A Progressive Organic Farmer's Fighting Chance in Virginia

Anthony Flaccavento (Photo: Courtesy of Flaccavento for Congress)

A Progressive Organic Farmer's Fighting Chance in Virginia

Having more real, rural progressives in Congress could fundamentally take the country back, but not if Democrats don’t start taking a chance on real change-makers like Flaccavento

For a while last week, I thought I was in the wrong place. While the nation's eyes were on the Kavanaugh hearings, and half my women friends were in Washington, I was in southwest Virginia with a congressional campaign in rural America that big donors and DC Democrats don't seem to care that much about.

Anthony Flaccavento, whom I've known for years on account of his work for bottom-up economics, is running in Virginia's 9th, the long, southwest tip of the state. Our paths first crossed in the year-long strike over retiree healthcare for miners at Pittston Coal. Flaccavento was arrested with the picketers. Soon after that, he founded Appalachian Sustainable Development to help family farmers transition off tobacco. A farmer himself, he didn't just tell growers what they "should" do, he enabled them to do it -- and keep their farms -- through driving organic produce to buyers and helping start year-round farmers markets where none existed before. He's not just a do-gooder, he's a real farmer and a producer, beef-farmer and supporter Will Clark told me, "Besides, we could do with some do-gooders in Congress, couldn't we?"

Flaccavento's race is winnable. The 9th was in Democratic hands before the Tea Party tide of 2010, and -- read the local papers -- even Republicans aren't happy with the do-nothing, say-nothing performance of Morgan Griffith, a Freedom Caucus loyalist. Flaccavento won the primary with a convincing 79% percent, boosting Democrats from 32% to 45% of voters. Polls have him within single digits of the incumbent -- even as close as 6%.

He's running a bottom-up campaign that's all about face-to-face. In three days, I watched him speak at his 93rd, 94th, and 95th town halls, speaking to students and teachers, miners, and Latino voters. He's on track to hold 100 such meetings before November 6th. So far, he reckons he's spoken to over 6,000 Virginians -- and more, thanks to lots of door-knocking. Just before I arrived in tiny Floyd (census count 425), roughly half the town came out to hear the man they call "the Flacc."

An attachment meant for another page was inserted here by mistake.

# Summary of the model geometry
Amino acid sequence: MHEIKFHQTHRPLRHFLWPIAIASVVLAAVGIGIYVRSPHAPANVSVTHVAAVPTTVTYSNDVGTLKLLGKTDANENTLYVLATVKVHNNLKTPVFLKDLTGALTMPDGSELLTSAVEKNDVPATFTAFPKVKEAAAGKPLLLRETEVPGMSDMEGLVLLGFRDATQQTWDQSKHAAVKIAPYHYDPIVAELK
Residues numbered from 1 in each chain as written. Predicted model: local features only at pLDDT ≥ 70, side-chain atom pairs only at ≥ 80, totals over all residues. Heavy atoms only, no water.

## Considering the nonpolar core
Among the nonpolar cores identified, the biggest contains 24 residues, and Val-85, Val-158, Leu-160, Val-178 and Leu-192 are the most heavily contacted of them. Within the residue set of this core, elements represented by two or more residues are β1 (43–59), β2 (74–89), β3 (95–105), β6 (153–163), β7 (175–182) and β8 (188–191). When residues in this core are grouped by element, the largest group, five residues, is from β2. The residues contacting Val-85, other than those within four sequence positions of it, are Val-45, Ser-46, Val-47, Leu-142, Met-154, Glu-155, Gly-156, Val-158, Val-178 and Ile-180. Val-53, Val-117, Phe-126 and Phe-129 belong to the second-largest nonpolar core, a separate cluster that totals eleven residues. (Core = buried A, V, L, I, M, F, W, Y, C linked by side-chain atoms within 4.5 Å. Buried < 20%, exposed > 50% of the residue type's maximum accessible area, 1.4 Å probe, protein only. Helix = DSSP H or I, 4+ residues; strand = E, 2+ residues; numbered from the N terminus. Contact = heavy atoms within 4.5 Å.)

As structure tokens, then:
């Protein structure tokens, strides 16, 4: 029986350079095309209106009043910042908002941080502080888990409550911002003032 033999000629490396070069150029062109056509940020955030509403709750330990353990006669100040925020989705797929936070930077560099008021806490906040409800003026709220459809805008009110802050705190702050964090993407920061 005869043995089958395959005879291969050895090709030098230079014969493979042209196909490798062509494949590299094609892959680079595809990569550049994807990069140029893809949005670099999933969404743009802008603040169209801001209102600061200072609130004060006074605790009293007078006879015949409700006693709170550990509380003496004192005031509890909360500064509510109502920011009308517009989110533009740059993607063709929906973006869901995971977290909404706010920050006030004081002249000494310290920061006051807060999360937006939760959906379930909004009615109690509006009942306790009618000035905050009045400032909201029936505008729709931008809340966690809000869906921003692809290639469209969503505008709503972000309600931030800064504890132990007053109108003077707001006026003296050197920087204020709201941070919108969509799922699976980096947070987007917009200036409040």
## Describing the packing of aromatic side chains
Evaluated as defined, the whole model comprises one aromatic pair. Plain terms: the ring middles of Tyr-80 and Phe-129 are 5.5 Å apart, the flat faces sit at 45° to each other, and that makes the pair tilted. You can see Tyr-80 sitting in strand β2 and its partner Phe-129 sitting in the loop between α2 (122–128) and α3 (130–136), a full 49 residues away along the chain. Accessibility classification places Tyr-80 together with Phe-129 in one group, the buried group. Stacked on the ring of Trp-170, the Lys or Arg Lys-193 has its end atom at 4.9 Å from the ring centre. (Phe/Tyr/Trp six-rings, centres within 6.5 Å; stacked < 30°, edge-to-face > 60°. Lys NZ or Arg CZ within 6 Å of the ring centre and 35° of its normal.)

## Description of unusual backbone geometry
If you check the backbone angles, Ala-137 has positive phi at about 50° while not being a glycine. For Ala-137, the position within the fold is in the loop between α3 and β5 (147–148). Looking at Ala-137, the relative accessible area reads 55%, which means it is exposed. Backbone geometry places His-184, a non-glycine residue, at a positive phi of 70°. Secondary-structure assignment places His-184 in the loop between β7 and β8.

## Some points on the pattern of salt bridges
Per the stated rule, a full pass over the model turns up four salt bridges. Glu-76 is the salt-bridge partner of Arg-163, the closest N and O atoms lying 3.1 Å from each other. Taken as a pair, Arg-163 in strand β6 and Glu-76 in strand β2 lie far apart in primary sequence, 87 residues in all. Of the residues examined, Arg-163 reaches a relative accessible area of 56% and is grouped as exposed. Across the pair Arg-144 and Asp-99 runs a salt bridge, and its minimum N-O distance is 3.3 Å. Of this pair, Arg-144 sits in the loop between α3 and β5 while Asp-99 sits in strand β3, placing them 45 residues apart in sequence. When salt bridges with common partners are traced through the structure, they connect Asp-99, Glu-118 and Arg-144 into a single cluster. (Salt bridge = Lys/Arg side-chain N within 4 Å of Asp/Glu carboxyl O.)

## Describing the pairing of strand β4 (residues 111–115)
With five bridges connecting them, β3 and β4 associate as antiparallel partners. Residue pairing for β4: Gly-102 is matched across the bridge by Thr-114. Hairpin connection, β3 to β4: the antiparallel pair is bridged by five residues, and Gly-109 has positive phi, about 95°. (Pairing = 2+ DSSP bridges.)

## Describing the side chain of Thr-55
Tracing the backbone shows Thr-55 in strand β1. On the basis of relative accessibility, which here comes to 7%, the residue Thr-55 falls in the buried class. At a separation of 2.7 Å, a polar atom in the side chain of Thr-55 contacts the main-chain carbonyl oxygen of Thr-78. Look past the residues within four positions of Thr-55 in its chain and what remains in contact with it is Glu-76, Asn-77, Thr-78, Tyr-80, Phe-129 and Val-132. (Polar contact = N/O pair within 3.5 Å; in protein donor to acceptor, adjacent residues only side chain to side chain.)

"It's like rural progressives are coming out," says co-campaign field director and Floyd local Meredith Dean.

But did I mention, the 9th district is as large as New Jersey? Campaigning here is hard, and between stops, Flacc's dialing for dollars from small donors; because while Flacc's got a fighting chance in what they call the fighting 9th, what he hasn't got is big bucks or much of anything from big city Democrats. He says he's raised over three quarters of a million to date, which sounds a modest sum, but he'll take no corporate money. He's got no PAC -- fully 80% of his support has come from within the district, and that's impressive.

So what are the big city Democrats and the media missing here? As soon as I set foot in the 9th, I knew I was in exactly the right place. All the decisive players in the Kavanaugh debacle hail from rural America, from Judiciary Committee Chair Grassley to Senate leader Mitch McConnell to turncoat Joe Manchin of West Virginia. Manchin was one of two WVA Democrats backed by the Democratic Campaign Committee for support this year and the one who voted for Kavanaugh. He'd received close to 9 million dollars, mostly from energy, real estate, legal and financial firms -- less than 3% of it from small dollar donors -- in the first six months.

The Democratic leadership has ignored rural America for decades. Having more real, rural progressives in Congress could fundamentally take the country back, but not if Democrats don't start taking a chance on real change-makers like Flaccavento. He's got a fighting chance in the fighting 9th, and we need more like him. A win like his just could be a tipping point.

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